French Painting and New Objectivity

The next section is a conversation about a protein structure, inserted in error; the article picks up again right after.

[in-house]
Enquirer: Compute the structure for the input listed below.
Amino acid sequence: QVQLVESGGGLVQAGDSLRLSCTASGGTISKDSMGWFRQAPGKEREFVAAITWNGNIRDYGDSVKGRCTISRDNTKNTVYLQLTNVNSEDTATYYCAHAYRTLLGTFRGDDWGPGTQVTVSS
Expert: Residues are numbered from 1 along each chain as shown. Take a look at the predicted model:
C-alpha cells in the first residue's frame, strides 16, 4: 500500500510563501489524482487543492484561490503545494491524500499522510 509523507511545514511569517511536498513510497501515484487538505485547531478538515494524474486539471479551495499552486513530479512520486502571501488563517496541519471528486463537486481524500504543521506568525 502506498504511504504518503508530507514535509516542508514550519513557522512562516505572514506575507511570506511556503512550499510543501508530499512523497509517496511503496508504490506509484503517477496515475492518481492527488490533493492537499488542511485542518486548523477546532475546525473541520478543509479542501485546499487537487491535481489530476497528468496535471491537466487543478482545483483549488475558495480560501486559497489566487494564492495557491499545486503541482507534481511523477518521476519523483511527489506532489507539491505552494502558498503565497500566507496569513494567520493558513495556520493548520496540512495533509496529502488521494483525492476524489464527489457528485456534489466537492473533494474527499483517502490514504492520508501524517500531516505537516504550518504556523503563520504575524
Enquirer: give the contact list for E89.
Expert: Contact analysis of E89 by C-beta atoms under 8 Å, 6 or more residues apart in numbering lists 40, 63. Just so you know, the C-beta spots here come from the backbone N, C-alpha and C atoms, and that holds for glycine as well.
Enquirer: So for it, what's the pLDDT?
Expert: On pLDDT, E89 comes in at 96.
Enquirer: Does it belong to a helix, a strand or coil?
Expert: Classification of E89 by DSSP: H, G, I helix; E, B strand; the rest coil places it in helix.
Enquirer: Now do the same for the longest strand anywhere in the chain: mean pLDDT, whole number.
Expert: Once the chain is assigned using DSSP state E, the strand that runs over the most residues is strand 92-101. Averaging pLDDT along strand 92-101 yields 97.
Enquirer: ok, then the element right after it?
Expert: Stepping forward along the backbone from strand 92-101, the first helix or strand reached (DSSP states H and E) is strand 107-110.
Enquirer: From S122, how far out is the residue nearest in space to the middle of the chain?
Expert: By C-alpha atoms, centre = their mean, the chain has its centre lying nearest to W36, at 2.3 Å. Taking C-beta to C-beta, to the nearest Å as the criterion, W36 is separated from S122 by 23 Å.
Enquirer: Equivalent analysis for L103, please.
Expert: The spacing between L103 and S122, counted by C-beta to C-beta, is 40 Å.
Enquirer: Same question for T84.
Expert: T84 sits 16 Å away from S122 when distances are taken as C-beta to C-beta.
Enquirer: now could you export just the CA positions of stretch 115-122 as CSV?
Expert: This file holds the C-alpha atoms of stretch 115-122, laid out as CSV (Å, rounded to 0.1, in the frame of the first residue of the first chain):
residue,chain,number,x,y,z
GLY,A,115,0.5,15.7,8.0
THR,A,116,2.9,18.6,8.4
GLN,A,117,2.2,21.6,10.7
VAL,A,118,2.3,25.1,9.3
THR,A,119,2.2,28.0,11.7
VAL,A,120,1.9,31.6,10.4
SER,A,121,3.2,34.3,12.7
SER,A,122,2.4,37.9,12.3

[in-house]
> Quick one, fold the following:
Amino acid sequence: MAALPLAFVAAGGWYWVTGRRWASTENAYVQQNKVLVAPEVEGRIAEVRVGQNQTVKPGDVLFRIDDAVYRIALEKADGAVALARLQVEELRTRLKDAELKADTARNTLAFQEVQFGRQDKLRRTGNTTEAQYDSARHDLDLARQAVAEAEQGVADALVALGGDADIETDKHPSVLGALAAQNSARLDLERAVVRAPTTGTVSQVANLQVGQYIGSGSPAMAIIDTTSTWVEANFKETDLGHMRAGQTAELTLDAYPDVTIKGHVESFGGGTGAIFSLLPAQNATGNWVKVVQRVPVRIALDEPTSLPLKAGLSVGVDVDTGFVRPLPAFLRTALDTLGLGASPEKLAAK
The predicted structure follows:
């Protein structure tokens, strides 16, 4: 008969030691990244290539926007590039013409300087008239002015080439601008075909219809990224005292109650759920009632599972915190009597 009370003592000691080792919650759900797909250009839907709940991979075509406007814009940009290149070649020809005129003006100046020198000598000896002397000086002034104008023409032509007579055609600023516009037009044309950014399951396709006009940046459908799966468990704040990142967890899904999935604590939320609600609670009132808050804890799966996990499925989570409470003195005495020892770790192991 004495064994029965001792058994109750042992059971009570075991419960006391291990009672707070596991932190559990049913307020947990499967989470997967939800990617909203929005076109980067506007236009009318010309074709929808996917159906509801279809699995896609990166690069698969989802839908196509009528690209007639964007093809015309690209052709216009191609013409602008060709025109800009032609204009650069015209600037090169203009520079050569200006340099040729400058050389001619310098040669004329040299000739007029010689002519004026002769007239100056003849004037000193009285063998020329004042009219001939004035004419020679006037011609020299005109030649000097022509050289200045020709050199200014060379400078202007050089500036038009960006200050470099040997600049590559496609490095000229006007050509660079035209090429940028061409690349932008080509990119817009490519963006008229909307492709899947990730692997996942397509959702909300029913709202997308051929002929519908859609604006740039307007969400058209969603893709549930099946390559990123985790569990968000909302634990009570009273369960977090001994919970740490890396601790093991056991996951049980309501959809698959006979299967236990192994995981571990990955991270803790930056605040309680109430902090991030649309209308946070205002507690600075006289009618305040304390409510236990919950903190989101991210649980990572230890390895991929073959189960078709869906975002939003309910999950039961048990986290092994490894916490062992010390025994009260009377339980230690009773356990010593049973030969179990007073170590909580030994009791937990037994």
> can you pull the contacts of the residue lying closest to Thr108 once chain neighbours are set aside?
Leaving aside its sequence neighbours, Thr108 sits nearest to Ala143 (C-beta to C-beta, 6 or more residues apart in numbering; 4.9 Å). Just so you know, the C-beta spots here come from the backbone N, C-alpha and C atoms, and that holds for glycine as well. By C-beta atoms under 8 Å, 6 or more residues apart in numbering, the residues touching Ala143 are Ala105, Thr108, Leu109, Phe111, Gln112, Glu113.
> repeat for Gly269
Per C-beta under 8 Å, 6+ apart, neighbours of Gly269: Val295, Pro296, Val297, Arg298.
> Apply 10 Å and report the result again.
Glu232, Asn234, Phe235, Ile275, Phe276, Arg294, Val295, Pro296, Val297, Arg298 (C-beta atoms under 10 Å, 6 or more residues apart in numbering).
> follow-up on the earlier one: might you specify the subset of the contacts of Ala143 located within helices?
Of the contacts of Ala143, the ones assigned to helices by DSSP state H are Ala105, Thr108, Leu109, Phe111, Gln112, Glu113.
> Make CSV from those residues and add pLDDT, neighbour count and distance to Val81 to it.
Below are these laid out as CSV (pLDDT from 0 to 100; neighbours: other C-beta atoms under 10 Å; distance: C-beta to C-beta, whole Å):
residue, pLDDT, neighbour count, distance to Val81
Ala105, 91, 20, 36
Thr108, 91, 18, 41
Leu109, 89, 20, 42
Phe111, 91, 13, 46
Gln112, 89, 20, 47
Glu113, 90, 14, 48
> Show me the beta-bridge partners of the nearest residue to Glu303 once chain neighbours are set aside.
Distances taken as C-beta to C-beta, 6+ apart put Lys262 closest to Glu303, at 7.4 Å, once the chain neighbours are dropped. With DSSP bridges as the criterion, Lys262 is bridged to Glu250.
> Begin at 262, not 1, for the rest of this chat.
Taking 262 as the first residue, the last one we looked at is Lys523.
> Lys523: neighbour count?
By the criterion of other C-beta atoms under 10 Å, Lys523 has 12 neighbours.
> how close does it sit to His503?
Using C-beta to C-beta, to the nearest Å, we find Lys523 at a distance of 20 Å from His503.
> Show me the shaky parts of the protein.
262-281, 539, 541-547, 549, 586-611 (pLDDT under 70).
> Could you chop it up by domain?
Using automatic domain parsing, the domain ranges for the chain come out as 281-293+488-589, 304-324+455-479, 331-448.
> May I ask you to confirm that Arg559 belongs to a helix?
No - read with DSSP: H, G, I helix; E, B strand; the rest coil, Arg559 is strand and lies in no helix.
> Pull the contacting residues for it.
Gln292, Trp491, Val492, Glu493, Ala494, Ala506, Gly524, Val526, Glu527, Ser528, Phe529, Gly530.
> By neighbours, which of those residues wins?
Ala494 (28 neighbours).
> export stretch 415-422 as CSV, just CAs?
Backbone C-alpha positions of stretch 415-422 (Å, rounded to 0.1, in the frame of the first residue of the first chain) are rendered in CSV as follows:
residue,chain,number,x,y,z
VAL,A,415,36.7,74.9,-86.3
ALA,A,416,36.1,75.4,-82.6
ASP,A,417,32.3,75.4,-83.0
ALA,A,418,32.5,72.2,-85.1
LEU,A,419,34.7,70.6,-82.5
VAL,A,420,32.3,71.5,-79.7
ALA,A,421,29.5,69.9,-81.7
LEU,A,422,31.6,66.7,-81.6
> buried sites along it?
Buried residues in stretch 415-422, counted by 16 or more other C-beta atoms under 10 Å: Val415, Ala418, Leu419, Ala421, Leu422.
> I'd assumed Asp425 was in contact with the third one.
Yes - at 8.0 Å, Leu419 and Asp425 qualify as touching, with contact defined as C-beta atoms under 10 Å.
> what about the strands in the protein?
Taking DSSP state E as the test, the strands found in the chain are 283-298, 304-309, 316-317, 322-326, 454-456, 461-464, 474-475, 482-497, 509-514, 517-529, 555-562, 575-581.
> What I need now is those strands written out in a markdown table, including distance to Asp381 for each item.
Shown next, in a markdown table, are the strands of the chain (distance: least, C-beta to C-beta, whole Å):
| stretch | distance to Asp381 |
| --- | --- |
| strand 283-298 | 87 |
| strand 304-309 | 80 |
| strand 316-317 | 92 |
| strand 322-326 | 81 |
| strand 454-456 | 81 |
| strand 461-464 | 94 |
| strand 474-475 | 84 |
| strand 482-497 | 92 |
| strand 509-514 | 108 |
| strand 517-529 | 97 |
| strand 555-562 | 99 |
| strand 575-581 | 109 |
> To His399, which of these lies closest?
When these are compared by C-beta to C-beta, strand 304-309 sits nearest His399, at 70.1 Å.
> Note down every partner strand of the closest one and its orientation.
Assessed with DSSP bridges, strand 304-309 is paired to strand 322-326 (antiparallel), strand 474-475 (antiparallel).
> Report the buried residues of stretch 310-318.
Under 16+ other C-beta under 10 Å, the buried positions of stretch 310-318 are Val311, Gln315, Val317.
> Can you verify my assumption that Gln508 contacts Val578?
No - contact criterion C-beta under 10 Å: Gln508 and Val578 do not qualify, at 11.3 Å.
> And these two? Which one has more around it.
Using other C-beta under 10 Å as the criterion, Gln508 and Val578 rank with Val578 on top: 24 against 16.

Fritz Wichert, the first director of Kunsthalle Mannheim, established a modern collection concept early on. He focused on French art: thanks to private donations from citizens, but also municipal funds, Wichert was able to purchase major works by Paul Cézanne, Claude Monet and Vincent van Gogh - above all, however, Manet's "The Execution of Emperor Maximilian of Mexico", made possible by donations from nine citizens of Mannheim. But works by Lovis Corinth, Ferdinand Hodler and Max Slevogt also found a new home in Mannheim under Wichert. From 1923, his successor Gustav Friedrich Hartlaub purposefully collected works by German Expressionists such as Franz Marc, Karl-Schmidt-Rottluff and Ernst Ludwig Kirchner, and supplemented the existing collection with works by the Romantics around Caspar David Friedrich and the Nazarenes. In 1925, Hartlaub gave the new figurative movement a name with the exhibition "Die Neue Sachlichkeit" ("New Objectivity"). The exhibition focused on works by Max Beckmann, Otto Dix, George Grosz and Franz Radziwill, among others, as well as the Mannheim-born painters Eugen Knaus and Xaver Fuhr. During the National Socialist era, the Kunsthalle was hit by the confiscation of so-called "degenerate" art, and important works of modern art were lost to the museum. In his acquisition policy of those years, director Walter Passarge (1936-1958) moved to the innocuous field of applied art. After 1945, the international Informel and Nouveau Réalisme movements became a focus of the Mannheim collection. Other major acquisitions were key works by Fernand Léger and Francis Bacon.